This restaurant is definitely a favorite with country music fans and fans of the television show. It offers great food that everyone enjoys.
Sightseeing and Tourist Options
Now for the fun part: actually exploring Nashville!
The Ryman Auditorium
The Ryman Auditorium on John Lewis Way is the perfect spot for kicking off your Nashville adventures.
It was once home to the Grand Old Opry, known as the most famous stage on all of country music. That stage was moved to Opryland Drive. It’s still a popular tourist spot to this day, and I’ll talk about it later in the itinerary.
A tour of the Ryman Auditorium includes a behind the scenes look at Nashville’s rich music history. You’ll learn why it deserves the title of ‘The Home of Country Music”.
The tour starts with a historical film titled “Soul of Nashville.” This is your chance to learn about the auditorium’s role in music history.
Next, you will explore an exhibit titled “Workin’ on a Building.” It includes artifacts from the construction of the building and a wider history of it.
Finally, you can record a singing demonstration at the on site recording studio. You can even take it home as a CD.
If historical tours don’t pique your interest, but music does, you can still see a live country music show in the auditorium.
Performances include local artists and big industry names like Blake Shelton and Trace Adkins. It’s definitely a great way to experience what makes Nashville unique.
Johnny Cash Museum
If you’re looking for something that encompasses both music and history, you’re in luck! The iconic Johnny Cash Museum is just a short walk from the Ryman auditorium.
Johnny Cash is arguably the most famous country singer in history. That is why it’s no surprise that Nashville has an entire museum dedicated to his life and his work as a musician.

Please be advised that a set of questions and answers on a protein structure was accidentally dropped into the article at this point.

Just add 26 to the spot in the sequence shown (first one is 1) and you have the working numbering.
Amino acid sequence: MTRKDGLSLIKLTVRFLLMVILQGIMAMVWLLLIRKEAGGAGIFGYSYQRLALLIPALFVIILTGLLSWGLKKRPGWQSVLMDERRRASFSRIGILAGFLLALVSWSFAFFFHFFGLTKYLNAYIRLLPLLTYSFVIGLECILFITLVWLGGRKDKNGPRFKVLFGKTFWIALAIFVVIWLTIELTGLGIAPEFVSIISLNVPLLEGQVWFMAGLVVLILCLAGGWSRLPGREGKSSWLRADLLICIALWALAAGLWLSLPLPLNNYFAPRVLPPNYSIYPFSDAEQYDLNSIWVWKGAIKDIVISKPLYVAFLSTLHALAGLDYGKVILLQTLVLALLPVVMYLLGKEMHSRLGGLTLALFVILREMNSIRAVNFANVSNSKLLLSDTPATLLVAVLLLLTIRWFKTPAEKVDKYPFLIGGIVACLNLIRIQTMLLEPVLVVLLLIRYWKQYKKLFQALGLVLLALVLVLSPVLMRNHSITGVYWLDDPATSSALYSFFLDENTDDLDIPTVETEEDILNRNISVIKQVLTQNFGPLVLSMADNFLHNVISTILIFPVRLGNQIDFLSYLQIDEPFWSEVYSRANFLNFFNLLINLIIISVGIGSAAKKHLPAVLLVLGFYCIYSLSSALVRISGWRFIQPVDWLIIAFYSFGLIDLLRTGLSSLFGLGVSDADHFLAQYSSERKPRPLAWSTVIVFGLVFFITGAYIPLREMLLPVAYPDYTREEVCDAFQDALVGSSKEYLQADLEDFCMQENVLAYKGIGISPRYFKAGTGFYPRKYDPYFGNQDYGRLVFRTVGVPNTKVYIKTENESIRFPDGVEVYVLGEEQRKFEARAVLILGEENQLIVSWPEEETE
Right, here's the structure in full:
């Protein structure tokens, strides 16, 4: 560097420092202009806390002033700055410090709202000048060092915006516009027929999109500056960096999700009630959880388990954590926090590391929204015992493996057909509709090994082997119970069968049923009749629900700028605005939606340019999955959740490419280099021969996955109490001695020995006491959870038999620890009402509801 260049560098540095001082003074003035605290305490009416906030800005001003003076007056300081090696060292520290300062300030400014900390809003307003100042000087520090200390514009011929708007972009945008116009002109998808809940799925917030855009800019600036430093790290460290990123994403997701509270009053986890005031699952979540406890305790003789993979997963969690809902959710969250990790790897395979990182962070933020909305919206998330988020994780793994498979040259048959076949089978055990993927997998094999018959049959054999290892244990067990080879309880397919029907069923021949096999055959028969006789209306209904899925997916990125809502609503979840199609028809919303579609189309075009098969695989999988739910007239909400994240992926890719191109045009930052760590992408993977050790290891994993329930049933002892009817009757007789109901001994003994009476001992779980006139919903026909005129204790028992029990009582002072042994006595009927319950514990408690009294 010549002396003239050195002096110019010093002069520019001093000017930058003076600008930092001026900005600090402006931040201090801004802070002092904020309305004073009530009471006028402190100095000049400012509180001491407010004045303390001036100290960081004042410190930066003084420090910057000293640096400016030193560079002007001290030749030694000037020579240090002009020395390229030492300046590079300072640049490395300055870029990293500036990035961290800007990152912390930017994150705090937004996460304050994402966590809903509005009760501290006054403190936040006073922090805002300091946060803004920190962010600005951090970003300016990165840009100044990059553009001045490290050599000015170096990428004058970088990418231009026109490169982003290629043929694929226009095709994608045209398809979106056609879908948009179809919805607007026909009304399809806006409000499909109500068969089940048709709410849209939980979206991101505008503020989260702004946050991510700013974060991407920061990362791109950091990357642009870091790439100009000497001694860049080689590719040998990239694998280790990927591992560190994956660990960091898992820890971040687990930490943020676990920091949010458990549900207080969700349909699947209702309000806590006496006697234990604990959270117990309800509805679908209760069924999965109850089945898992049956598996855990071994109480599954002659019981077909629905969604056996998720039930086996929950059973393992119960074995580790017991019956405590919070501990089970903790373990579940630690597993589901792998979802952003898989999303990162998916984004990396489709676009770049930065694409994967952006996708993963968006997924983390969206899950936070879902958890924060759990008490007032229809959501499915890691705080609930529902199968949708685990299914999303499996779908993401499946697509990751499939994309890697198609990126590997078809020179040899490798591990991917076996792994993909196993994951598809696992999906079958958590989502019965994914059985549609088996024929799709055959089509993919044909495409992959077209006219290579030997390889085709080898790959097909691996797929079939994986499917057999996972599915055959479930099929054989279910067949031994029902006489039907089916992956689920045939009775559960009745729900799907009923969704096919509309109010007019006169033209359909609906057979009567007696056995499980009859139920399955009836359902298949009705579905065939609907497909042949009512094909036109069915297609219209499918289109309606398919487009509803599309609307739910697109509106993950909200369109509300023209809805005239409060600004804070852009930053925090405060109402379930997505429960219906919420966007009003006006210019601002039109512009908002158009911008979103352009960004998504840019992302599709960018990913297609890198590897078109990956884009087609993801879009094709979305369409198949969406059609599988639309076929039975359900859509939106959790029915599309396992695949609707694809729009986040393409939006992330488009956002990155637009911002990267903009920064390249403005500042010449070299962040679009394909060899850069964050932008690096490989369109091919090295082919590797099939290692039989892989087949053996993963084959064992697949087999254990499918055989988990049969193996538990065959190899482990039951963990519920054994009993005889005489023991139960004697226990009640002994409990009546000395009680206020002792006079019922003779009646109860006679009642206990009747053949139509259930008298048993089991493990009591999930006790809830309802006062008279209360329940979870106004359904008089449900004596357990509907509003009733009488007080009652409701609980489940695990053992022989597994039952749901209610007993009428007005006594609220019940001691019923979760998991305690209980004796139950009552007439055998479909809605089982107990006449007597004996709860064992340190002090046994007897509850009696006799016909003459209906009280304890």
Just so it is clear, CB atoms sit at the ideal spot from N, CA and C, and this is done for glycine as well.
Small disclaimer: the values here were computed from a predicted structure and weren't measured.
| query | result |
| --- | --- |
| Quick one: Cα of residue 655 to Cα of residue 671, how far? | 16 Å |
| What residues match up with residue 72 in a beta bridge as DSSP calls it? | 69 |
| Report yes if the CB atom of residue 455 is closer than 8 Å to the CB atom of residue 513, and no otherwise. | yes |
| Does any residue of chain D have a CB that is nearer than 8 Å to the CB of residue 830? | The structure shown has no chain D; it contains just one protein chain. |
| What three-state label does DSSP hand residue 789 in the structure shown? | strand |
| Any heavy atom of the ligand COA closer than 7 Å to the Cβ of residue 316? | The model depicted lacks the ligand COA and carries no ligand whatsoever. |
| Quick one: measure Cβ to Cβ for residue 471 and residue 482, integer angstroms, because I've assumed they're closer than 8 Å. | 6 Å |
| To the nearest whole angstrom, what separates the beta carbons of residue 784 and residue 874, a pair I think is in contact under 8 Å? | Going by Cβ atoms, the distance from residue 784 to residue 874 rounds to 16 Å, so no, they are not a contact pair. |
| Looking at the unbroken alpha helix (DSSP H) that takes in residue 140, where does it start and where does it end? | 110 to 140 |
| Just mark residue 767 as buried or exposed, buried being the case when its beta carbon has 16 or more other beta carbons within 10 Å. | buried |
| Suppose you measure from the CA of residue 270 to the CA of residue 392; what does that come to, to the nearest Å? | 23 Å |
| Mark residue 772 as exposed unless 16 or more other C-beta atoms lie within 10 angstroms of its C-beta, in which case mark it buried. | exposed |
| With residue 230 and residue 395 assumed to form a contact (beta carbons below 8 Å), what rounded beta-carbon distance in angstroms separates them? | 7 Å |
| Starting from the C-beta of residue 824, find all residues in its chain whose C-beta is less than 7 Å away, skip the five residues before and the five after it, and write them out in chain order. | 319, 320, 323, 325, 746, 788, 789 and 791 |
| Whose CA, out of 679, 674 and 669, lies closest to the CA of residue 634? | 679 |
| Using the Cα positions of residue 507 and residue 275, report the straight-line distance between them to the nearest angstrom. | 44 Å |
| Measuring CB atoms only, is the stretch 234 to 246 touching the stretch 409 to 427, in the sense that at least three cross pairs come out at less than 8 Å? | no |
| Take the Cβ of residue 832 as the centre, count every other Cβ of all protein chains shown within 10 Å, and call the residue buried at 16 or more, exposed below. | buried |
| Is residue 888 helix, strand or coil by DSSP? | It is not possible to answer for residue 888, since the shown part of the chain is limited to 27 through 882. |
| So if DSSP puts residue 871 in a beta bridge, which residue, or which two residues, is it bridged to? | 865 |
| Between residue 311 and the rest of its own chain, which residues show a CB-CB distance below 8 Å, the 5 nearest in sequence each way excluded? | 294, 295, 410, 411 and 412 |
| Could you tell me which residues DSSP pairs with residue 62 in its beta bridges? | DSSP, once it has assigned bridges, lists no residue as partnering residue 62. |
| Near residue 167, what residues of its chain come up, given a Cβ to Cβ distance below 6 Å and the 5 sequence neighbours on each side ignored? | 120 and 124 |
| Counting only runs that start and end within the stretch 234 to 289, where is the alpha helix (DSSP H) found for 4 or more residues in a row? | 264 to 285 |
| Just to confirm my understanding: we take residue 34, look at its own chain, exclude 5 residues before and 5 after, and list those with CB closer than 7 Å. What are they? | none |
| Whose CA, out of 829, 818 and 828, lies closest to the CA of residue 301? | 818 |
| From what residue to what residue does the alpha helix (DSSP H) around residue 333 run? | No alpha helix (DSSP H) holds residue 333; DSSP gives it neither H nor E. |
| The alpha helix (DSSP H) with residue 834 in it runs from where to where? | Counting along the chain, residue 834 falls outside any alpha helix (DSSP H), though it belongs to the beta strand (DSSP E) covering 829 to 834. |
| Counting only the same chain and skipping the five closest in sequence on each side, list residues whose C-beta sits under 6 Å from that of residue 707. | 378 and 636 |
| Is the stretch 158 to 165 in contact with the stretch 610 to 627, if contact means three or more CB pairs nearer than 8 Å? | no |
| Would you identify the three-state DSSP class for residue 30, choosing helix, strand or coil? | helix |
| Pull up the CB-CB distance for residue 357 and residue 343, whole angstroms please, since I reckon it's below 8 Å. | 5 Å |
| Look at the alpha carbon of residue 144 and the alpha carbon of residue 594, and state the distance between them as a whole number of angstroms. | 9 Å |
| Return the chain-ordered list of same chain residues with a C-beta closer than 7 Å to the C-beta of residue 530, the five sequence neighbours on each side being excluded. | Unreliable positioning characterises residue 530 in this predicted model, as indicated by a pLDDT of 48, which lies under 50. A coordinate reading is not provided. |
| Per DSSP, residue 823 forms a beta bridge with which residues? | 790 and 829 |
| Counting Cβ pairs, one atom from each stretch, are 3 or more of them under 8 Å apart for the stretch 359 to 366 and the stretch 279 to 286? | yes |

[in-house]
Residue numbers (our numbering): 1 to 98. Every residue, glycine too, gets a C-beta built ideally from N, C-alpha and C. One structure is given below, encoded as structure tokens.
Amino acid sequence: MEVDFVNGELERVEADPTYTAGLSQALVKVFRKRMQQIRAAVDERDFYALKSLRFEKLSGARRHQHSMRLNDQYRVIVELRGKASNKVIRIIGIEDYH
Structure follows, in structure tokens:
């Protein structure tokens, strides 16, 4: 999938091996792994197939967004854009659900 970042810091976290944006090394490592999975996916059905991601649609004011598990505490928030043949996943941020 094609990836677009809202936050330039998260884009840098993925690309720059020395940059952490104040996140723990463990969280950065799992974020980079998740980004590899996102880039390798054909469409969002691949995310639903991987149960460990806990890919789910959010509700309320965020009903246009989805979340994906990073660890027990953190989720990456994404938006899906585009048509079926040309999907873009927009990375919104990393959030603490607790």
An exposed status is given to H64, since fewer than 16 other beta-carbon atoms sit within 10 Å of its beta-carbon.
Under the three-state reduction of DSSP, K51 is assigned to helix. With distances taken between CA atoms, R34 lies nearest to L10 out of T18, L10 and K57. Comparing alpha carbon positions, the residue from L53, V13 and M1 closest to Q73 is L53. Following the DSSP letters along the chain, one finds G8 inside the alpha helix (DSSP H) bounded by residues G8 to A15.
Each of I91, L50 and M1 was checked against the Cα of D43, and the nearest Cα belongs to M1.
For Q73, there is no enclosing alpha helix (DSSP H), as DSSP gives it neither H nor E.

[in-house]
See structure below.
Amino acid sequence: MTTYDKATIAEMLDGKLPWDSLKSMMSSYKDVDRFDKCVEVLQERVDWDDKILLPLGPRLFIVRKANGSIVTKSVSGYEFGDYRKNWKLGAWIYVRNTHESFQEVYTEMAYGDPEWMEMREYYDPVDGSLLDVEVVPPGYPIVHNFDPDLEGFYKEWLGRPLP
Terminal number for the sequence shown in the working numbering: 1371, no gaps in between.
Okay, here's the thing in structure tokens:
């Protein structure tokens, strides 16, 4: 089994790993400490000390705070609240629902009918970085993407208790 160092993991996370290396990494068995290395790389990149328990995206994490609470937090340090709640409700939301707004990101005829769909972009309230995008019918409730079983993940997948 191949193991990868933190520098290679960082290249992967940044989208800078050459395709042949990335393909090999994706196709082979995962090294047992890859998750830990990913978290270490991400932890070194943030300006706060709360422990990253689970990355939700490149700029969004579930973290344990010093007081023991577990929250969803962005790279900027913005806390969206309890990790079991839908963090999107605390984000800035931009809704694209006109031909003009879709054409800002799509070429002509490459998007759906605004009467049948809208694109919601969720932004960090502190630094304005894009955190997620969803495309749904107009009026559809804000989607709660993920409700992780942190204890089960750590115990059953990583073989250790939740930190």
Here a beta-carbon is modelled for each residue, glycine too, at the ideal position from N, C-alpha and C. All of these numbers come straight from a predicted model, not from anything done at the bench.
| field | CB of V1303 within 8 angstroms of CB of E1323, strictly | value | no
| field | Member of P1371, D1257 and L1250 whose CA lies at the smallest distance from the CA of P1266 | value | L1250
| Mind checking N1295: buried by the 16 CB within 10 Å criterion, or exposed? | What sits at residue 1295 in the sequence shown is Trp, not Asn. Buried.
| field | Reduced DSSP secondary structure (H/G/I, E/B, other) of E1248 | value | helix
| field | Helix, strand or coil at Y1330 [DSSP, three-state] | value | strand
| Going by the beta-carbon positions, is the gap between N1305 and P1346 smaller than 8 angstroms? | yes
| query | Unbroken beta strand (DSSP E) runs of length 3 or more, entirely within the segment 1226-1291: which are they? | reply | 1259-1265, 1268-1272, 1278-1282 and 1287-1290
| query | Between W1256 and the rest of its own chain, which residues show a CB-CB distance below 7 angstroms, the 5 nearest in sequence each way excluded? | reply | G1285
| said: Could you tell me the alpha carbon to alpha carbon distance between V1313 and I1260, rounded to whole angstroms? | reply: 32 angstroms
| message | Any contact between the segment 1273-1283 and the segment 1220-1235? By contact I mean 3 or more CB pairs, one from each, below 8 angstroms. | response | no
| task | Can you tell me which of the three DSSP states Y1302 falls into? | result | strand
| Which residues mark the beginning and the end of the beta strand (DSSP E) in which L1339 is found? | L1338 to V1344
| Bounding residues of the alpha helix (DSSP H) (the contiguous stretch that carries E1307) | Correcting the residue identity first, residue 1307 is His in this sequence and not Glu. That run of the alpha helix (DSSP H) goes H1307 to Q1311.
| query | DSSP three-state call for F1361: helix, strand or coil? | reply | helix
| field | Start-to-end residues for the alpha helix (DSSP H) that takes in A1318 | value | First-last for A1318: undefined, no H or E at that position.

It includes the largest collection of Johnny Cash artifacts. These range from handwritten music from The Man in Black himself to famous concert costumes.
The tour covers all aspects of Cash’s life. You’ll learn about his early life and personal momentos that his living family have denoted.
There are even rumors that the ghost of Johnny Cash still roams the grounds. Maybe you’ll even run into an apparition of the famous singer while exploring the museum.
John Seigenthaler Pedestrian Bridge
The last tourist spot on the day 1 roster is the famous John Seigenthaler Pedestrian Bridge. This unique bridge was constructed between1907 and 1909. Howard M. Jones designed it to connect Downtown Nashville to East Nashville.
The architecture of the bridge itself includes four steel trusses and two reinforced concrete trusses. These are the only concrete trusses in any architectural structure in Tennessee.
The bridge takes a little less than an hour to walk from end to end. This is a great location for photos and to see the cityscape.
Food Tour Lunch
In the midst of your Nashville sightseeing, you have to explore all of the delicious food the city has to offer. The best way to do so is by taking a food tour of the city.
These tours are locally guided, and they usually last about three hours. You get to taste a variety of foods from multiple locations around the city.